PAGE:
“It starts with the non-negotiable items,” said Clark. “I really have two...you play the most critical role on the team — I think we can all agree that is often the case for the goaltending position — and so it would only make sense that you’re going to be our hardest worker. It would make no sense whatsoever for the guy that plays that critical role not to be the team’s hardest worker.
“The same goes for competitiveness. I expect them to be the fiercest competitor on the team; I expect them to be the hardest worker.”
“When I sit down with a goalie, they have to embrace those ideals,” he added, “and everything else for me is essentially up for negotiation. But those two are not.”
Clark said that Demko embraced those ideals as a backup goaltender after years of being the go-to guy in junior and college hockey, putting in the work that has helped him develop into the goaltender he is now. With Matt Sekeres and Blake Price, he talked about Demko’s willingness to work and how grateful he was to hear Demko go to bat for him in the media.
“He has certainly, for lack of a better phrase, put his nose to the grindstone to really go on that journey,” said Clark, then laughed as he added. “I'm a bit of a taskmaster when it comes to these things and certainly he has bought in fully, so to hear him say those words, especially when I grind them the way I do, it's always nice to hear those sentiments.”
"Your job as a goalie is to inspire the group."
Further on the philosophy side, Clark also talked about how a goaltender needs to also lead the rest of his team and give them confidence. He said that the goaltender is essentially the captain for every top team, even if they don’t necessarily need the label.
“Your job as a goalie is to inspire the group,” said Clark. “That means, obviously, making key saves in key moments. That means, obviously, to the best of your ability, playing mistake-free goal. That means always having great body language out there where you're never sort of shifting or deflecting responsibility from your role.
“You're the only guy responsible for stopping pucks and stopping them from going across the goal line and I don't have a problem putting that pressure on them. If they can't handle that pressure, they really they shouldn't be in the business.”
That’s been a regular theme in post-game interviews for both Markstrom and Demko. At no point did they even insinuate that a goal might be someone else’s fault. Despite frequently facing both a high quantity and high quality of shots against, both goaltenders always laid the responsibility for stopping each and every shot at their own feet.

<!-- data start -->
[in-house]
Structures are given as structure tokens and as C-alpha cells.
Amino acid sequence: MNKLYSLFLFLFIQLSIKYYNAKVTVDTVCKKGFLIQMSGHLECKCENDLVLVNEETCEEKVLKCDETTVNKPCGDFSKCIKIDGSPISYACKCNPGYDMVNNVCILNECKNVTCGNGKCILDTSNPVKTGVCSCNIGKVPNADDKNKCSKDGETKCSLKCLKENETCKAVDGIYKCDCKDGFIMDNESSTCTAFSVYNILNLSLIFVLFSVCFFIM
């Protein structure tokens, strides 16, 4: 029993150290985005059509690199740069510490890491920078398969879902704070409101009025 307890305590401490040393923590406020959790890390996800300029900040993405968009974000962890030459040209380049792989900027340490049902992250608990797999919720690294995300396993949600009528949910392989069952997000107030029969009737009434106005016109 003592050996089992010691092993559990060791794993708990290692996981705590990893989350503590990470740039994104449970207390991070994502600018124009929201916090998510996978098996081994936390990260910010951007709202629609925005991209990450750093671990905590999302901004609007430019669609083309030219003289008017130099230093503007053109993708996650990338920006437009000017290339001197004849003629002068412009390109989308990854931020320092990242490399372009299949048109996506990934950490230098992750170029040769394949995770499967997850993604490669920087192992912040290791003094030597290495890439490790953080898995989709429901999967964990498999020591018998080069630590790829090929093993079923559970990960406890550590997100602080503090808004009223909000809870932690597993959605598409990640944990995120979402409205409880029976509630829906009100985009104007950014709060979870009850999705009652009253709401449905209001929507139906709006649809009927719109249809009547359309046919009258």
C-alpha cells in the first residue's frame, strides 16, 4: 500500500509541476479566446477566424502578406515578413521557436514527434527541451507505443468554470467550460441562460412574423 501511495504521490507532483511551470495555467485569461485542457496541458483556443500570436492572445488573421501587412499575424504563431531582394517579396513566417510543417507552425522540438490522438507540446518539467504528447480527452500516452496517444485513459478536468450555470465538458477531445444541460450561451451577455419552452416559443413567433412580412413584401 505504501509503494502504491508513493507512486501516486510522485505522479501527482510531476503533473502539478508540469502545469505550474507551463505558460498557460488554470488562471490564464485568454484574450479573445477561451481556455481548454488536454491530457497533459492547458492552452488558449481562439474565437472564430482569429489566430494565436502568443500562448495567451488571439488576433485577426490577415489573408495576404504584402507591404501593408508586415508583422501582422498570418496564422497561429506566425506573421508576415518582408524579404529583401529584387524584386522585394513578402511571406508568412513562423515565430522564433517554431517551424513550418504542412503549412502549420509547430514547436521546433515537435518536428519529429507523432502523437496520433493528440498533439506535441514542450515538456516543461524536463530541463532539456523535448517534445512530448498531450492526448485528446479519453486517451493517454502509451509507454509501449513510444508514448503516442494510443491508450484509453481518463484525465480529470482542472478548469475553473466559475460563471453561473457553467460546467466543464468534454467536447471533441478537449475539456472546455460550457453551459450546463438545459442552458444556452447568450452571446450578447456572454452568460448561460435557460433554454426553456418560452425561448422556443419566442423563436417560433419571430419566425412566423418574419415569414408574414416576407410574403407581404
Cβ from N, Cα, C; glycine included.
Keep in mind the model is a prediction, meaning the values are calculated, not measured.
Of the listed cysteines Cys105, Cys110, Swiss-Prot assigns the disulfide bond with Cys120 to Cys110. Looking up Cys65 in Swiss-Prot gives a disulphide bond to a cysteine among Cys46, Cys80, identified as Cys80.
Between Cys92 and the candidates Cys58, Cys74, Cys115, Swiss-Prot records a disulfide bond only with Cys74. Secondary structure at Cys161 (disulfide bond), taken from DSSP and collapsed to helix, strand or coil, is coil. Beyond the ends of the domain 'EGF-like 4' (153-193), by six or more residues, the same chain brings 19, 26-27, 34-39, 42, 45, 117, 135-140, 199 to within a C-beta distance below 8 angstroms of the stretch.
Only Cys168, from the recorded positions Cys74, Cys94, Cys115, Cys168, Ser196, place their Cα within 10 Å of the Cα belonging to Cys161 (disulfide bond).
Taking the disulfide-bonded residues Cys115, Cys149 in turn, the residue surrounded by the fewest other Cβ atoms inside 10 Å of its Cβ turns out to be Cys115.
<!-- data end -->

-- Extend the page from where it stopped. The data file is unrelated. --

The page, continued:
"To be elite is a lifestyle choice."
In many ways, taking responsibility for every goal is a reflection of a goaltender's competitiveness. They need to believe that they can stop every single puck and not just in games.
“You're either a full-time competitor or competitiveness does not exist within you,” said Clark. “So it all starts in practice. At the end of the day, when your goaltender is extremely hard to beat in practice — which our goaltenders are and their teammates will tell you that — that's where it starts.
“It's not just a habit thing but so many other parts of goaltending come out of the instinctive ability, the ability to find a creative solution in a difficult moment, maybe making a save you only ever make once in your life. It's a body position that somehow you contort to find a solution in that difficult moment and you might only ever do that once in your life, like how do you create that when you only do it once?
“Normally, repetition is the mother of all skill...but in this case, we're only going to do that once in our life, so how do we create that? Well, It all comes from that [competitiveness].”
Perhaps that’s why the Canucks skaters cheer so loudly when one of them scores a goal in practice because their goaltenders are so hard to beat.
“To be elite is a lifestyle choice,” said Clark. “It's an all-the-time thing that you have to live and breathe. You have to make decisions away from the ice, you have to be able to close the door on whatever took place today in a manner that's going to allow you to open it tomorrow with renewed vigor and spirit, and to bring it all again that next day.
“It is an incredible, all-encompassing thing to become one of the best in the goaltending position.”
The Canucks are hoping that Demko, under Clark’s tutelage, will be one of the best for the next five years.